Photo gallery of Byron Scott talking to Compton Centennial High students

"Lakers coach Byron Scott talks to students as he announced his participation as a mentor in Centennial High School’s Male Academy in Compton, CA. Tuesday August 19, 2014. The academy is a intervention program for the school’s ninth and tenth grade male students. Throughout the school year, Scott will visit the students to mentor as well as participate in motivational discussions. (Thomas R. Cordova-Daily Breeze/Press-Telegram)"

“Lakers coach Byron Scott talks to students as he announced his participation as a mentor in Centennial High School’s Male Academy in Compton, CA. Tuesday August 19, 2014. The academy is a intervention program for the school’s ninth and tenth grade male students. Throughout the school year, Scott will visit the students to mentor as well as participate in motivational discussions. (Thomas R. Cordova-Daily Breeze/Press-Telegram)”

You read about Lakers coach Byron Scott talking on Tuesday to students at Compton Centennial High as part of the school’s Male Academy program. You read about Scott saying that outside of Kobe Bryant, the Lakers’ starting positions remains “up for grabs” during next month’s training camp. You read about Scott saying he hopes to have his coaching staff finalized by the end of this week.

But pictures always tell a 1,000 words. And in the case of LANG’s photo gallery of Scott’s appearance Tuesday at Compton Centennial High, plenty of images tell various stories.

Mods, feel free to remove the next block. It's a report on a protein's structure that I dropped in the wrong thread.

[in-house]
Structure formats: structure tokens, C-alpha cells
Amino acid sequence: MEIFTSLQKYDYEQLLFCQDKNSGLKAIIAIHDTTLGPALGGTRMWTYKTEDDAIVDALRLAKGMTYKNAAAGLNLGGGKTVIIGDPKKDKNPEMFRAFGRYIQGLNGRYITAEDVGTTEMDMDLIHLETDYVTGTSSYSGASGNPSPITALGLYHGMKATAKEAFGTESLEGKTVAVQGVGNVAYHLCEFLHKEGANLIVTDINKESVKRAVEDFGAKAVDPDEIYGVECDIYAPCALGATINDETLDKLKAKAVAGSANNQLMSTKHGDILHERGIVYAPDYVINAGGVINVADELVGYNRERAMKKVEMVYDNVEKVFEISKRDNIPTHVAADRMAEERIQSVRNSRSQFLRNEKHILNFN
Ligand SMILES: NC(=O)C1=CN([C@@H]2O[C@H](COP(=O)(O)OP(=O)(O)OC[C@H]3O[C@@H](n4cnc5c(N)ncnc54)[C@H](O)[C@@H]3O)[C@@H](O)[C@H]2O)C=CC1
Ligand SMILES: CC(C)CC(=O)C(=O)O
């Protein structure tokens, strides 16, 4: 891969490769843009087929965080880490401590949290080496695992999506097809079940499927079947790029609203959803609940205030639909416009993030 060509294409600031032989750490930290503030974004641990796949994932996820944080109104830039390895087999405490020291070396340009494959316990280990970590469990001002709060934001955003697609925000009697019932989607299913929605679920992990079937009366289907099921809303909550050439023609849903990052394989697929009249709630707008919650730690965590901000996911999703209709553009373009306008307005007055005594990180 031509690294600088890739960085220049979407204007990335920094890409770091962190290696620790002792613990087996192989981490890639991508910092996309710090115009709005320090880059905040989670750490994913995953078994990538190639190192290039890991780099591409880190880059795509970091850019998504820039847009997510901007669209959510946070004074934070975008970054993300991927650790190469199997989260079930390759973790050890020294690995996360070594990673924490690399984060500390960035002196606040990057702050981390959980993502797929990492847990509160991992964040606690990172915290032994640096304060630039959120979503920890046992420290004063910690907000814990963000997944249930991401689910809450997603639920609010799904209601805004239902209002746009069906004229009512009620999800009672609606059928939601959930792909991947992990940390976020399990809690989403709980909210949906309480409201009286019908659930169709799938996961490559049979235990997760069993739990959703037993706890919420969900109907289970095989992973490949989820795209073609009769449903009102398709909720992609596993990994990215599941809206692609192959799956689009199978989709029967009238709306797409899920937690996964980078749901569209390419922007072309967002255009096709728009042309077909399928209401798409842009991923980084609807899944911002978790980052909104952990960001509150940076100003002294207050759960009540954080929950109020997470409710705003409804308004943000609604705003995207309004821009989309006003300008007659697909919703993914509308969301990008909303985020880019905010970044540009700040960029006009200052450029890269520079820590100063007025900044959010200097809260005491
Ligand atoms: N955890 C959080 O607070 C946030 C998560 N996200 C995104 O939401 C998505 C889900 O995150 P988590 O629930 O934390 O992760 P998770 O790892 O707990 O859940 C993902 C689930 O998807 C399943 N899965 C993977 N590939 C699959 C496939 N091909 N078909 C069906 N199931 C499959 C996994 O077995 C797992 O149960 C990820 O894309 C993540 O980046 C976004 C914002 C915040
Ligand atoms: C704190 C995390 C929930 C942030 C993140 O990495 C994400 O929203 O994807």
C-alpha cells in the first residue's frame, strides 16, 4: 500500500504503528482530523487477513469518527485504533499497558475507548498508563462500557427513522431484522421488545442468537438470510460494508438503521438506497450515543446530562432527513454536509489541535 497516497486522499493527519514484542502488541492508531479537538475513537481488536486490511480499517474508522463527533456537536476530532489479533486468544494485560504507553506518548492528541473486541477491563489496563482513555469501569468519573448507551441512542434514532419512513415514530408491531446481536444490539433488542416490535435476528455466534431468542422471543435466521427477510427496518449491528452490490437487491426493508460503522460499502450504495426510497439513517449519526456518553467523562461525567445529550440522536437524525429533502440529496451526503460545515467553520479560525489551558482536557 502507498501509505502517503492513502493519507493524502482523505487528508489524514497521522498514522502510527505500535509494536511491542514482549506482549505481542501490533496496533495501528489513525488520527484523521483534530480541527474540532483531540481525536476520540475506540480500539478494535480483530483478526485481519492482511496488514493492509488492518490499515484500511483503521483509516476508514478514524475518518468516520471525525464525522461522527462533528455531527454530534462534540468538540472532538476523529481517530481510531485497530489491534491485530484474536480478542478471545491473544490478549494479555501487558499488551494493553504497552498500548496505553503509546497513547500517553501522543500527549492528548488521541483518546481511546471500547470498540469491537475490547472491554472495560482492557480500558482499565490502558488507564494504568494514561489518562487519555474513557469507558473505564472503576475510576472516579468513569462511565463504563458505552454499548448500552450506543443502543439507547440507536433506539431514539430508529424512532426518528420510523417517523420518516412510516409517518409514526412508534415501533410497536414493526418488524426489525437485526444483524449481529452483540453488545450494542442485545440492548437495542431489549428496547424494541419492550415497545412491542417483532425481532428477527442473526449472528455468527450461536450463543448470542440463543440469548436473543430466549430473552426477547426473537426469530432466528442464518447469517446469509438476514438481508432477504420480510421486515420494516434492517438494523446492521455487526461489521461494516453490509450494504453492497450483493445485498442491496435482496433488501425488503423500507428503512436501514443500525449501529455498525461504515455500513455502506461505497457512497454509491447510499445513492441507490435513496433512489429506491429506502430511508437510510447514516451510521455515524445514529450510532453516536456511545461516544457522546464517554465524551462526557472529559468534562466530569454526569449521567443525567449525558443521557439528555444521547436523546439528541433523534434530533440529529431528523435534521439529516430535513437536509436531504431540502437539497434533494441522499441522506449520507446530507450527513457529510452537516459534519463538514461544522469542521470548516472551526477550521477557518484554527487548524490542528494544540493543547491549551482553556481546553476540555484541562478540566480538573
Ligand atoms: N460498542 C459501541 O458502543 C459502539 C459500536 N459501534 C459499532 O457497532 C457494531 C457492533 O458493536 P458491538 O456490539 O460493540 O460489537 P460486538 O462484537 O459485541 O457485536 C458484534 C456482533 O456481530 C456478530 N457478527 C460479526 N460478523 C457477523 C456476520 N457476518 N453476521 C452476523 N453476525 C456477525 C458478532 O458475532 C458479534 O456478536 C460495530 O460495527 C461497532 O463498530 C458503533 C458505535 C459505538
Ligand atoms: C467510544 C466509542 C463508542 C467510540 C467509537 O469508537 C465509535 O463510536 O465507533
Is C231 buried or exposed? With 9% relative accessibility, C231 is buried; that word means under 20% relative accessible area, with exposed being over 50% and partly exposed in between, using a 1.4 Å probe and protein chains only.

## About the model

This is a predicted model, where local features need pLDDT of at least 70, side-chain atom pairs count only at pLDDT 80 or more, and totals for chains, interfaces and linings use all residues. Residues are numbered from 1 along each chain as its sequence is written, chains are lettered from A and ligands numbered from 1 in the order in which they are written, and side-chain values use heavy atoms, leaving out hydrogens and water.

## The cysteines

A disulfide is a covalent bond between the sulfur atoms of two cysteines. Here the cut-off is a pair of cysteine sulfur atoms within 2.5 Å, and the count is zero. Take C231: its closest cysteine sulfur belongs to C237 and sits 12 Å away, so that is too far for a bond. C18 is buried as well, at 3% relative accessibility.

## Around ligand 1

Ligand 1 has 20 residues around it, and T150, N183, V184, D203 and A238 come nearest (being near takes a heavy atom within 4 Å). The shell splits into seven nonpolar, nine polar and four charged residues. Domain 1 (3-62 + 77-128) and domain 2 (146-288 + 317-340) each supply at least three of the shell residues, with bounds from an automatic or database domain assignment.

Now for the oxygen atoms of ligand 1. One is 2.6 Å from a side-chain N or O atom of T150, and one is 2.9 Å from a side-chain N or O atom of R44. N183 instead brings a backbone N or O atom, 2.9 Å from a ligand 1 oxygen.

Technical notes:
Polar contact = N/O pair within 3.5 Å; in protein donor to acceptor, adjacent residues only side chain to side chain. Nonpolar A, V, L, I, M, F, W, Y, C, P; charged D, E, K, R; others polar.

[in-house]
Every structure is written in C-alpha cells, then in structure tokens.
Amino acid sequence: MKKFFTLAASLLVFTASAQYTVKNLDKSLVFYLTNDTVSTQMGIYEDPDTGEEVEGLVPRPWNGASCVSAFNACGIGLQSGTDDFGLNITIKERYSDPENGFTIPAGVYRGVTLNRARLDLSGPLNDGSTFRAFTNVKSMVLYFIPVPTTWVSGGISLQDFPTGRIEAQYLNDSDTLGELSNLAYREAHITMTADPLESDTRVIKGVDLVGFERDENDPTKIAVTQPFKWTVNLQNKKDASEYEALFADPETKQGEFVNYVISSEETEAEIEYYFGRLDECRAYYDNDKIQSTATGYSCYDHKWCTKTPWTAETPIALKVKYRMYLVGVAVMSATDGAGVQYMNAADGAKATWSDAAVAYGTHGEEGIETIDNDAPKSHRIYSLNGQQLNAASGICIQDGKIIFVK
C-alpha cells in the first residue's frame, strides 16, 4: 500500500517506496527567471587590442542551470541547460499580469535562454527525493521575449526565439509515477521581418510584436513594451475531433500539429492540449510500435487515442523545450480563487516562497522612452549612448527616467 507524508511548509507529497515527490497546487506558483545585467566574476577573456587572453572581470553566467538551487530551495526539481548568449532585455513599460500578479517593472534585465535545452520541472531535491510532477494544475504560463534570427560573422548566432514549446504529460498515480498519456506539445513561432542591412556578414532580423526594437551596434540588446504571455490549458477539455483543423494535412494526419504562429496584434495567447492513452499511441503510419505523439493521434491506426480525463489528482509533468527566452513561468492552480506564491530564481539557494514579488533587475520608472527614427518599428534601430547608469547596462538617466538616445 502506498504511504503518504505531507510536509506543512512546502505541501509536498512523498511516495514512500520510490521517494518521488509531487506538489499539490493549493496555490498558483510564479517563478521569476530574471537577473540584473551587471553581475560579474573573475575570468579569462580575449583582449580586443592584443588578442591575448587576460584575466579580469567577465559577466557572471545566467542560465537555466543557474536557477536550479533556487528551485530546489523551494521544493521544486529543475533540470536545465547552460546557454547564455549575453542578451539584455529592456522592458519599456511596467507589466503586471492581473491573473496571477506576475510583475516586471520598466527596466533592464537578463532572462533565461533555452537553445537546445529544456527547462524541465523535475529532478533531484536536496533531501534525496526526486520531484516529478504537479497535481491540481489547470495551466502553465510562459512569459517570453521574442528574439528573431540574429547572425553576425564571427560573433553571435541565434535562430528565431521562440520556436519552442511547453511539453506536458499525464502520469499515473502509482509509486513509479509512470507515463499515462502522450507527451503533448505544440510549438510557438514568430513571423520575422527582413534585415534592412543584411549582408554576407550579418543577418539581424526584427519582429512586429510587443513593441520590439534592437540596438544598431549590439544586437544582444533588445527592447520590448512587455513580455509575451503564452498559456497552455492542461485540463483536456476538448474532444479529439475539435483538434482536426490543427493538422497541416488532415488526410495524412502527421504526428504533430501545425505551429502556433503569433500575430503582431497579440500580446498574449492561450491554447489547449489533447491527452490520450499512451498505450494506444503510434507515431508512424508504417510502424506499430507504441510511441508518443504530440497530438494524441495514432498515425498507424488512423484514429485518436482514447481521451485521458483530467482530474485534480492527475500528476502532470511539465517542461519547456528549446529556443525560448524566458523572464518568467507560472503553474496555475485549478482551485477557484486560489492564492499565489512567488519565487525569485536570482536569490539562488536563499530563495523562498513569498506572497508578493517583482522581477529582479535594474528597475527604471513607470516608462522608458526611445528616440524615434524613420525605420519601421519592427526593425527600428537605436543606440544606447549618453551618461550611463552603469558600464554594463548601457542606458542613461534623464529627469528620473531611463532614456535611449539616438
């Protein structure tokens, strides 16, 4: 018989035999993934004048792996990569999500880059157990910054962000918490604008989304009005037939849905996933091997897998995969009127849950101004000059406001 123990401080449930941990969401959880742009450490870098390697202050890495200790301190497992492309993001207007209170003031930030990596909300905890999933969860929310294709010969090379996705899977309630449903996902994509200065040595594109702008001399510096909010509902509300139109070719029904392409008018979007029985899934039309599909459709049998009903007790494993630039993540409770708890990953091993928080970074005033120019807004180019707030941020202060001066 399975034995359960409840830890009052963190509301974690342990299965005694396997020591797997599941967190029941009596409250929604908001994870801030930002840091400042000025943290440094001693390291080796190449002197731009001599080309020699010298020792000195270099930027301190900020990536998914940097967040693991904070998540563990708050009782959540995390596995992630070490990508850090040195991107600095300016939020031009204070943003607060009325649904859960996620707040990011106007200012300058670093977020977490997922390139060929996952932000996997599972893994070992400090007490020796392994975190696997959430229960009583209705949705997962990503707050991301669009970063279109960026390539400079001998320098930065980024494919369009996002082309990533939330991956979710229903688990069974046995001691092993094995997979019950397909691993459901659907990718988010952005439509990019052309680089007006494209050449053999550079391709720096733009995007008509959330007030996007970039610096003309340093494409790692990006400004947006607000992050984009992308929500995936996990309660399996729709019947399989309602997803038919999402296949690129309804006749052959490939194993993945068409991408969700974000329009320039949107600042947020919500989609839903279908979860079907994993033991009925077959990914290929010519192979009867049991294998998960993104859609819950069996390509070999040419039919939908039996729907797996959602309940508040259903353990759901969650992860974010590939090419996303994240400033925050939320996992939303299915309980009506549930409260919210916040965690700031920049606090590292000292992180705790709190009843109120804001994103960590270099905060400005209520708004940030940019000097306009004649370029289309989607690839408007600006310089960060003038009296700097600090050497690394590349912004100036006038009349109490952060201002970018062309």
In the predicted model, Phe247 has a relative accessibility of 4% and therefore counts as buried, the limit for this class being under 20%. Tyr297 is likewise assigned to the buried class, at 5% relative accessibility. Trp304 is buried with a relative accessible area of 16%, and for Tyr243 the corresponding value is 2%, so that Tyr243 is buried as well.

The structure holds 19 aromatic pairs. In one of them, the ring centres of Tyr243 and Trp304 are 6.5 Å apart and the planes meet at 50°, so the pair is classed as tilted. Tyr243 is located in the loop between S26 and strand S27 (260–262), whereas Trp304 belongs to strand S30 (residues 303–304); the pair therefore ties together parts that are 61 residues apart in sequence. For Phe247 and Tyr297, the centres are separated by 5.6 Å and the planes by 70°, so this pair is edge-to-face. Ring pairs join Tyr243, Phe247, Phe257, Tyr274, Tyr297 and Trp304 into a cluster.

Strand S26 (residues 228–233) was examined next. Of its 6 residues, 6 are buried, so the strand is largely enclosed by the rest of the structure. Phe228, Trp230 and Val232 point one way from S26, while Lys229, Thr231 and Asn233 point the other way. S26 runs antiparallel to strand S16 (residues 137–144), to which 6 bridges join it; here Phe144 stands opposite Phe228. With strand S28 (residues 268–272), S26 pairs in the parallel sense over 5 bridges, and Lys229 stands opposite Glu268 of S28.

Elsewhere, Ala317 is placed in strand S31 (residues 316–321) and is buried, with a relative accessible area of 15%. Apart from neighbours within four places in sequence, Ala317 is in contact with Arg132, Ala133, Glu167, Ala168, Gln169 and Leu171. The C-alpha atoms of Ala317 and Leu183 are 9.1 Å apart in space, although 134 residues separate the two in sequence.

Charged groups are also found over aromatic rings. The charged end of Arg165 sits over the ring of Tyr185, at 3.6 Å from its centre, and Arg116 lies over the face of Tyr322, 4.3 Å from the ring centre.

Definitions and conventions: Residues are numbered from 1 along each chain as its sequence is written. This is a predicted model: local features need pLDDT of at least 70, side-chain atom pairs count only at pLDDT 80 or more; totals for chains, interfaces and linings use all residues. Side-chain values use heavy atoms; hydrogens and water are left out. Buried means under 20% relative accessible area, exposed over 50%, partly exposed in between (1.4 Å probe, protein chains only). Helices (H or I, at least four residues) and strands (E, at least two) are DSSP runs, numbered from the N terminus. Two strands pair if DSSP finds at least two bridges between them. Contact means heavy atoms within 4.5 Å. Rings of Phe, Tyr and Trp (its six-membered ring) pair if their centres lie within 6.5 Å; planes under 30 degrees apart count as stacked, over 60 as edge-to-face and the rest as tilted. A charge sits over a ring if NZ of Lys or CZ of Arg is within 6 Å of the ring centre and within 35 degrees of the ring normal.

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NBA compiles Lakers’ top 10 plays of 2013-14 season

Pick a moment. Any moment. Kobe Bryant’s pained expressions as he endlessly sat on the sideline. The Lakers’ double-digit blowouts. The team’s training room that continuously became more crowded by the day. The fan disenchantment toward Mike D’Antoni, who elicited mixed support among his post players and role players despite fielding an injury-ravaged lineup.

Hardly, any of these images would become mistaken for such iconic Laker memories filled with championship glory. Instead, they partly explain why the Lakers finished last season with their worst record in LA. franchise history. Yet, the NBA’s Web site still compiled a list of the Lakers’ top 10 plays of the 2013-14 season, providing some rare good moments during an otherwise sour year.

You can see Nick Young making acrobatic shots. You can see Xavier Henry and Wesley Johnson shows bursts of athleticism. You can see Jodie Meeks’ prolific scoring and endless hustle that ensured a career-high in points (15.7), shooting percentage (46.3%) and minutes played (33.2). You can see Ryan Kelly becoming a pleasant surprise as a second-round rookie.

But all of those moments cannot erase the reality that the Lakers’ 2013-14 season became mostly difficult to watch. It also does not camouflage the uncertainty that awaits ahead on the Lakers’ rebuilding process.

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Follow L.A. Daily News Lakers beat writer Mark Medina on Twitter. E-mail him at mark.medina@langnews.com

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Byron Scott says Kobe Bryant only definitive player to have starting spot

Byron Scott stepped foot at Compton Centennial High on Tuesday, eager to stress to the 400 freshmen and sophomores the need to prioritize education than over striving to become a professional athlete. But it turns out Scott needed to provide more life lessons.